CHICAGO — If you had $1.3 million to improve your neighborhood, how would you spend it?
Chicago’s aldermen face a similar question each year when deciding how to spend their “menu money,” the funding allocated by the city to each of its wards for capital infrastructure projects. For the past several years, Ald. Joe Moore, of the 49th Ward, has used the money for things like lighting and street resurfacing.
This year, Moore chose to allocate his 2010 menu money through a process called “participatory budgeting,” which allows citizens to vote directly on how to spend public money. Beginning more than a year ago and culminating in an April 10 election, the people of Chicago’s 49th Ward – which encompasses the North Side neighborhood of Rogers Park – became the first in the nation to implement such a process. More than 1,600 residents cast ballots for their favorite proposals and, in a binding decision, chose projects to fund. Anyone age 16 or older could vote in the election, including non-citizens.
Fourteen of the 36 proposals will receive funding. The list includes the usual pothole repairs, along with more ambitious projects such as bike lanes, community gardens, underpass murals and a dog park. “People clearly want to beautify the neighborhood,” says Sister Sue Kilduski, a member of the Benedictine Sisters of Chicago.
Kilduski was one of the approximately 20 members of the steering committee that developed the ward’s participatory budgeting process. In April 2009, Moore invited all the community organizations and institutions in the 49th Ward to send representatives to sit on this committee. Forty people attended the first workshop, in which they set a timeline and structure for the process with help from the nonprofit Participatory Budgeting Project.
In November 2009, residents held a series of meetings across the ward to brainstorm funding ideas. By the end of the nine meetings, more than 60 people had volunteered to serve as community representatives who would develop the initial proposals into viable ballot measures. Forming six committees on topics such as transportation, public safety and the arts, the community reps spent the next four months thoroughly researching their projects. This meant familiarizing themselves with city policy and with their neighborhood. The public safety committee, for instance, learned the city’s safety protocols on a visit to the downtown Office of Emergency Management and Communications. The streets committee traveled every street and sidewalk in the ward to determine which ones most needed repair.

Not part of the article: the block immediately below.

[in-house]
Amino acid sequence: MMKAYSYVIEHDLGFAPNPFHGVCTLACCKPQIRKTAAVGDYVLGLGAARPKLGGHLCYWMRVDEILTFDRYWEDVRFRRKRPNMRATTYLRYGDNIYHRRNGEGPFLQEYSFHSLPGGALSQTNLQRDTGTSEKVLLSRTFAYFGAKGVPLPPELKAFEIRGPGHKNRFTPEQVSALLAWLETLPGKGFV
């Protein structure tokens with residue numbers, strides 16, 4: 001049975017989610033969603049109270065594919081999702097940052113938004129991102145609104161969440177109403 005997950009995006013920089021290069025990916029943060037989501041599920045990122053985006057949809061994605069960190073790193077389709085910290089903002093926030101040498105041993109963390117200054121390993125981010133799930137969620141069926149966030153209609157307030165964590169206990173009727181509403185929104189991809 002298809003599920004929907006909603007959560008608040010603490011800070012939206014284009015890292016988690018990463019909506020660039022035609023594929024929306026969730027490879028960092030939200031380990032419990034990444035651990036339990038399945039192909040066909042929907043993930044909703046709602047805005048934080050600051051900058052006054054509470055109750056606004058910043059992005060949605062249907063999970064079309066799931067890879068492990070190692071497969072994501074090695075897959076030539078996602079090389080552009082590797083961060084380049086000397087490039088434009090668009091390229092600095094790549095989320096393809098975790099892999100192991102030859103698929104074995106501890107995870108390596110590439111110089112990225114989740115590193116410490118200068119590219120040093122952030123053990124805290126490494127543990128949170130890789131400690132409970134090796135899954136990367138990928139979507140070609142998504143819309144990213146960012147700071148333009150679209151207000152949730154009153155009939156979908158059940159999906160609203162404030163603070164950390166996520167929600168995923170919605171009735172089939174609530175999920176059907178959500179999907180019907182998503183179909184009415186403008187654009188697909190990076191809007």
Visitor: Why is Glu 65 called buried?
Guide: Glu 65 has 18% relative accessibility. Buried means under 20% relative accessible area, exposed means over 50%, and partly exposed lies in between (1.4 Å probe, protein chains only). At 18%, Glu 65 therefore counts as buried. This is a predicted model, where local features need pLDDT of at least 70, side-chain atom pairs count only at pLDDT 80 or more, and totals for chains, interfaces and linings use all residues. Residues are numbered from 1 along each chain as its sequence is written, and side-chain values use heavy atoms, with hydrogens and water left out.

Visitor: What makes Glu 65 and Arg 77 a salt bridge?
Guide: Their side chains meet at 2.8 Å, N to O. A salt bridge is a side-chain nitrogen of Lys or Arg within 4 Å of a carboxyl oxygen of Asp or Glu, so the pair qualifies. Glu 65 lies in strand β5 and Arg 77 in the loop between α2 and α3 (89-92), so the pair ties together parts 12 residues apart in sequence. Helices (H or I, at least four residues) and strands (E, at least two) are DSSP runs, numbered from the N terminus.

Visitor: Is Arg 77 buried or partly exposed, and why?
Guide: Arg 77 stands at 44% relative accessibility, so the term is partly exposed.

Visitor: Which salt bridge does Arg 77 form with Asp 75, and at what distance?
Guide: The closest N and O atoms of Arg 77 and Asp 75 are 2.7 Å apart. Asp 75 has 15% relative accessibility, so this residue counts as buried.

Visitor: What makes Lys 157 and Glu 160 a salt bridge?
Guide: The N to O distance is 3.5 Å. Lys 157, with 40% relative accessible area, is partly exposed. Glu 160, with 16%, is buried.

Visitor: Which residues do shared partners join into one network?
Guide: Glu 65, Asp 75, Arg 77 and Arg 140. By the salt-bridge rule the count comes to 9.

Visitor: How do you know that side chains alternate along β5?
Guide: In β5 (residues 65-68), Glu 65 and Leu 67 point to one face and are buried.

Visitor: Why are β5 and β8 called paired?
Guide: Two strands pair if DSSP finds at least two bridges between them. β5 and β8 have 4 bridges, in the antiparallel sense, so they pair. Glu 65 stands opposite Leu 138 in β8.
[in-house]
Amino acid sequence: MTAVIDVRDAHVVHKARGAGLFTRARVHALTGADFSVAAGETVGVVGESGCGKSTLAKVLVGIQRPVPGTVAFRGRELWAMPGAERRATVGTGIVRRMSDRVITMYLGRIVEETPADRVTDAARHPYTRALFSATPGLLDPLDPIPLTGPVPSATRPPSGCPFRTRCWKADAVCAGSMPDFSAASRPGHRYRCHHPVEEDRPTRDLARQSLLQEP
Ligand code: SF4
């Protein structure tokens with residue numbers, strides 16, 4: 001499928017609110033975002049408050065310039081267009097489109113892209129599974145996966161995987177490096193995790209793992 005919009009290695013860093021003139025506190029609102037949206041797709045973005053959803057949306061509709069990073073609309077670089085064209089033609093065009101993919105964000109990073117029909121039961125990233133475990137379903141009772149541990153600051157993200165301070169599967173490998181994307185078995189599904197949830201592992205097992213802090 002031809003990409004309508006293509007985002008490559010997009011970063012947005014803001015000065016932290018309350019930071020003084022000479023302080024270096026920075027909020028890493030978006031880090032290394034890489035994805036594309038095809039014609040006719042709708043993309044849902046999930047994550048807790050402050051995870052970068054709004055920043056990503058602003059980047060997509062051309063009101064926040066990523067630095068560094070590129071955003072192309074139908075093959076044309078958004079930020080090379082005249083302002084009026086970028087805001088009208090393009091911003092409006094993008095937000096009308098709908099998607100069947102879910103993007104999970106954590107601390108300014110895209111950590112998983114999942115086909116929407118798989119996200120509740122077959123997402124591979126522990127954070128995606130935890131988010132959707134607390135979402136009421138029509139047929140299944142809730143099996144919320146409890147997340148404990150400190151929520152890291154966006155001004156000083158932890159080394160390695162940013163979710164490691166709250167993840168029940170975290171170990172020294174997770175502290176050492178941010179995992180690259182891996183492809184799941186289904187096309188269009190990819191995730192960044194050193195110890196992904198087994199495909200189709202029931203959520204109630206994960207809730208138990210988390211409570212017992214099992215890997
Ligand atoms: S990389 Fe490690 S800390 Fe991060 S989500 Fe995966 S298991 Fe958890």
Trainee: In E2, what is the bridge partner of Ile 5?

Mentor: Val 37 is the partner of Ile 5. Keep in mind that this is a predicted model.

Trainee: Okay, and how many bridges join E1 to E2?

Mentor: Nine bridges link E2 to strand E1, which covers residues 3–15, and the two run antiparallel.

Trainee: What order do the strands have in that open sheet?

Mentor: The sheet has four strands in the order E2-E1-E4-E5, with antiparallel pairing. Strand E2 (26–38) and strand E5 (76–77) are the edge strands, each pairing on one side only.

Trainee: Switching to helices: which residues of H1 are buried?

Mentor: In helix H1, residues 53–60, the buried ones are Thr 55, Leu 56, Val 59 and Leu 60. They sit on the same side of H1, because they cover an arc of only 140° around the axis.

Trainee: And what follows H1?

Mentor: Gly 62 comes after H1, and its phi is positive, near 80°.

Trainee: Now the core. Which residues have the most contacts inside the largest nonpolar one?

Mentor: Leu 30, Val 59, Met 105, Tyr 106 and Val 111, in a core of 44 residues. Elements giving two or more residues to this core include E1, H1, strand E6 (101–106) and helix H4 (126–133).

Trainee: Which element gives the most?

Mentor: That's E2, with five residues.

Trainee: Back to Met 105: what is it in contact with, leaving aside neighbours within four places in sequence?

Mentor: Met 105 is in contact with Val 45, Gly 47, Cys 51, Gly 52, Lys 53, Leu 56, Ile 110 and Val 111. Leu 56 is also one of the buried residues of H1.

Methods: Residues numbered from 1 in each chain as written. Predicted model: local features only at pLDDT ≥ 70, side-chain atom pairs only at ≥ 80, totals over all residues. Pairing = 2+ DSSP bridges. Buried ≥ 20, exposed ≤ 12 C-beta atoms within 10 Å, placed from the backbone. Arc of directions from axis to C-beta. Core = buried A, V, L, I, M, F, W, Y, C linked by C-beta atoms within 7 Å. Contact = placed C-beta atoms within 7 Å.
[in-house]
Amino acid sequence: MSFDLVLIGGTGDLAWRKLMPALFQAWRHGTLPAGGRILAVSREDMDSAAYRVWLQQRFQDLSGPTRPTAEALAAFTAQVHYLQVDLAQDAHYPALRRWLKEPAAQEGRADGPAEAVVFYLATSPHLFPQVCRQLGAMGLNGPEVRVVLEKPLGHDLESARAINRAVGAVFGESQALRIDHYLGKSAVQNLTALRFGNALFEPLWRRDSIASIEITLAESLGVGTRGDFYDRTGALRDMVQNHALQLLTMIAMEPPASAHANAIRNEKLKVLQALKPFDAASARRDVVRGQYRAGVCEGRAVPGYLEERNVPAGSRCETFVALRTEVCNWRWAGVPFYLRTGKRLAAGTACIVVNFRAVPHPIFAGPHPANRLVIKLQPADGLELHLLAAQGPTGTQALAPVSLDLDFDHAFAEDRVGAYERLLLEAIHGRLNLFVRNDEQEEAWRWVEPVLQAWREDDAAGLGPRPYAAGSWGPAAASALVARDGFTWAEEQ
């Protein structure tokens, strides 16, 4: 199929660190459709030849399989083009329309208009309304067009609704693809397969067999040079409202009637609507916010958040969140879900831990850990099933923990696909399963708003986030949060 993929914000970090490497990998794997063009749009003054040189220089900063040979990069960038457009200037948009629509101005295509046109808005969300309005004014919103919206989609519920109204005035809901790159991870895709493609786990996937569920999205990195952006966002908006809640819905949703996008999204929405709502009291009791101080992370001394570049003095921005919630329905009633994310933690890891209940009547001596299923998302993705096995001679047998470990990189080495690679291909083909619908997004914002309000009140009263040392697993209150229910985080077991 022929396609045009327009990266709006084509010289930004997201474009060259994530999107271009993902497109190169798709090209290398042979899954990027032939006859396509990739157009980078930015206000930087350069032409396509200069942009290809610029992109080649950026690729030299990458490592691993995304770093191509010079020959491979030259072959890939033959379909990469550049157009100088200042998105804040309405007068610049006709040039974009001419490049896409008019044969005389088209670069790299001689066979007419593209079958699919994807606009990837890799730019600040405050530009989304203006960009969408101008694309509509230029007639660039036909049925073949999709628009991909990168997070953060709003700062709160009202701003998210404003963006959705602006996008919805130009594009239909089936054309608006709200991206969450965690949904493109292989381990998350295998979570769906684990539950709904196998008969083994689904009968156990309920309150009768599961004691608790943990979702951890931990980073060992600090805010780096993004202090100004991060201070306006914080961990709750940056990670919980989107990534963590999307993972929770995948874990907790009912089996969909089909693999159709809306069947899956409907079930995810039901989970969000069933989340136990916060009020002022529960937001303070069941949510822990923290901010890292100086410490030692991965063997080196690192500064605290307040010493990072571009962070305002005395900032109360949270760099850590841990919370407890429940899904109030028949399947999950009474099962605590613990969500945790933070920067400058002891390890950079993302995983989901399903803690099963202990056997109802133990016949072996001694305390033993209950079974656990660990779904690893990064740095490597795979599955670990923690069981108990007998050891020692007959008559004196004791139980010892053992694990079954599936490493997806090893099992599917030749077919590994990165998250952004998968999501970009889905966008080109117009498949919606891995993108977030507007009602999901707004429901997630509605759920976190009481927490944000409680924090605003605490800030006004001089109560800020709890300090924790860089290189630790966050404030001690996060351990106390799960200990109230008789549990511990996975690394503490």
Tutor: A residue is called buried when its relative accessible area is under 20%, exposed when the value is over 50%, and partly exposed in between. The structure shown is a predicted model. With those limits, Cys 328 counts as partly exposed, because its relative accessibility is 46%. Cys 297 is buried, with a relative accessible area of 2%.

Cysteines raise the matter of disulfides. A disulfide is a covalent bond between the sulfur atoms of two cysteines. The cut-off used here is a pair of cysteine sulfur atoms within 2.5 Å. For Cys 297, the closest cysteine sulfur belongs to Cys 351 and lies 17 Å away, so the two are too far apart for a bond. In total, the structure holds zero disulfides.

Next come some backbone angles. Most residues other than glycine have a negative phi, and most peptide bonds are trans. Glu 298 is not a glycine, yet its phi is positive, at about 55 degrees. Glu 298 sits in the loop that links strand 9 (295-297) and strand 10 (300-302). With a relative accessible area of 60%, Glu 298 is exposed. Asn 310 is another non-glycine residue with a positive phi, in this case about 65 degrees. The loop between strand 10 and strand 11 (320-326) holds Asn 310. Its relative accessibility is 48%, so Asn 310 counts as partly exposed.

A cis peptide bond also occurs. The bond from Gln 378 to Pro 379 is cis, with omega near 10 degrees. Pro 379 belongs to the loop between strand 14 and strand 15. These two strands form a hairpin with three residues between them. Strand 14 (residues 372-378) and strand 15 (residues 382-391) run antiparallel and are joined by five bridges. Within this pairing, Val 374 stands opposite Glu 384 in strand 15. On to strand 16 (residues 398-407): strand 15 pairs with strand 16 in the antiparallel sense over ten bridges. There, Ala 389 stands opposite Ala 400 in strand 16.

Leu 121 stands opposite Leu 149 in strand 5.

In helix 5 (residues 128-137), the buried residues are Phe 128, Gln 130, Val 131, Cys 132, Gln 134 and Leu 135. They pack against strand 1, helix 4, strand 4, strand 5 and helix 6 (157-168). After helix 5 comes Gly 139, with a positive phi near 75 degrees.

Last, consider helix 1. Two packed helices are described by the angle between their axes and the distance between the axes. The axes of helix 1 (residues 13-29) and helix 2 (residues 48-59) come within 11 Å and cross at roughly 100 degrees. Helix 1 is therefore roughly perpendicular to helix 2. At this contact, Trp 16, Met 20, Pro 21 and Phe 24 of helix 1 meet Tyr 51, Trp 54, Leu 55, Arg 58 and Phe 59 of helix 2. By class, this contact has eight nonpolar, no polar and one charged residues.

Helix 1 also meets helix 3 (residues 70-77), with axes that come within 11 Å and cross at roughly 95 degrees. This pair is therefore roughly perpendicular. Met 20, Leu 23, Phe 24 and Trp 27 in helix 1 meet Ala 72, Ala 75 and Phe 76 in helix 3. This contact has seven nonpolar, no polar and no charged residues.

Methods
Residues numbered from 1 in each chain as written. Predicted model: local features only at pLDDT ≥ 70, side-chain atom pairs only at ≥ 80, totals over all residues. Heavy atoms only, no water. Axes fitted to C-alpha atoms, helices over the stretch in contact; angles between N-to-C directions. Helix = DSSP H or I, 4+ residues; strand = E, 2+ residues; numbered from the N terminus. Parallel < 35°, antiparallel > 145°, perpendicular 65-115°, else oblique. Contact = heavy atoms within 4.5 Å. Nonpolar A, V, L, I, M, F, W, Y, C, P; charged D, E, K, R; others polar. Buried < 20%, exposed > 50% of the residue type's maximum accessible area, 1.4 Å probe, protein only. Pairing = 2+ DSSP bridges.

“The whole process builds really strong connections among neighbors,” says Abel Leon, a parks and environment committee member who spearheaded the dog park project. Before he proposed the idea, Rogers Park dog lovers had already formed a Facebook group to advocate for a neighborhood dog park; most of the group’s members turned out to vote for that project. Each resident who attended the April 10 election was allowed to vote for a total of eight projects. Community reps were on hand with statistics and diagrams to explain their proposals’ merits.
Modern-day participatory budgeting originated in 1989 as a way to address inequality among residents of Porto Alegre, Brazil, many of whom lived in slums without access to city amenities. Since then, it has spread to more than 1,200 cities throughout the world, and is now a mandatory practice of some local governments in the United Kingdom and the Dominican Republic, among other countries.
Residents of the 49th Ward are eager to share participatory budgeting with the rest of the city. “We should form a group to bring it out to other wards,” Paul Bluestone, a steering committee member, said at an April 27 meeting in which the committee reconvened to start improving the process for the coming year. Moore has suggested holding a colloquium at City Hall with aldermen who are interested in the process, and a couple of City Council candidates have already made participatory budgeting part of their platforms.
Rogers Park is one of Chicago’s most diverse neighborhoods, a fact that created challenges to getting everyone on board the new budgeting process. Latinos in particular were not well represented at committee meetings or at the polls, though they make up more than a quarter of the ward’s population. There are many theories as to the cause of the low turnout: Some community leaders cite fears about immigration status, while others have suggested that Latino community involvement is less focused on infrastructure and more on education. Regardless, committee members agree, more research and outreach is necessary before the next round of participatory budgeting.
Nonetheless, the April 10 turnout of 1,652 was unexpectedly high. The winning projects will be implemented this year, except the longer-term plans for underpass murals and artistic bike racks, which require another participatory budgeting process to select artists.
In the words of David Fagus, steering committee member and Democratic committeeman for the 49th Ward: “The best part is the community not only had a voice, but actually used it.”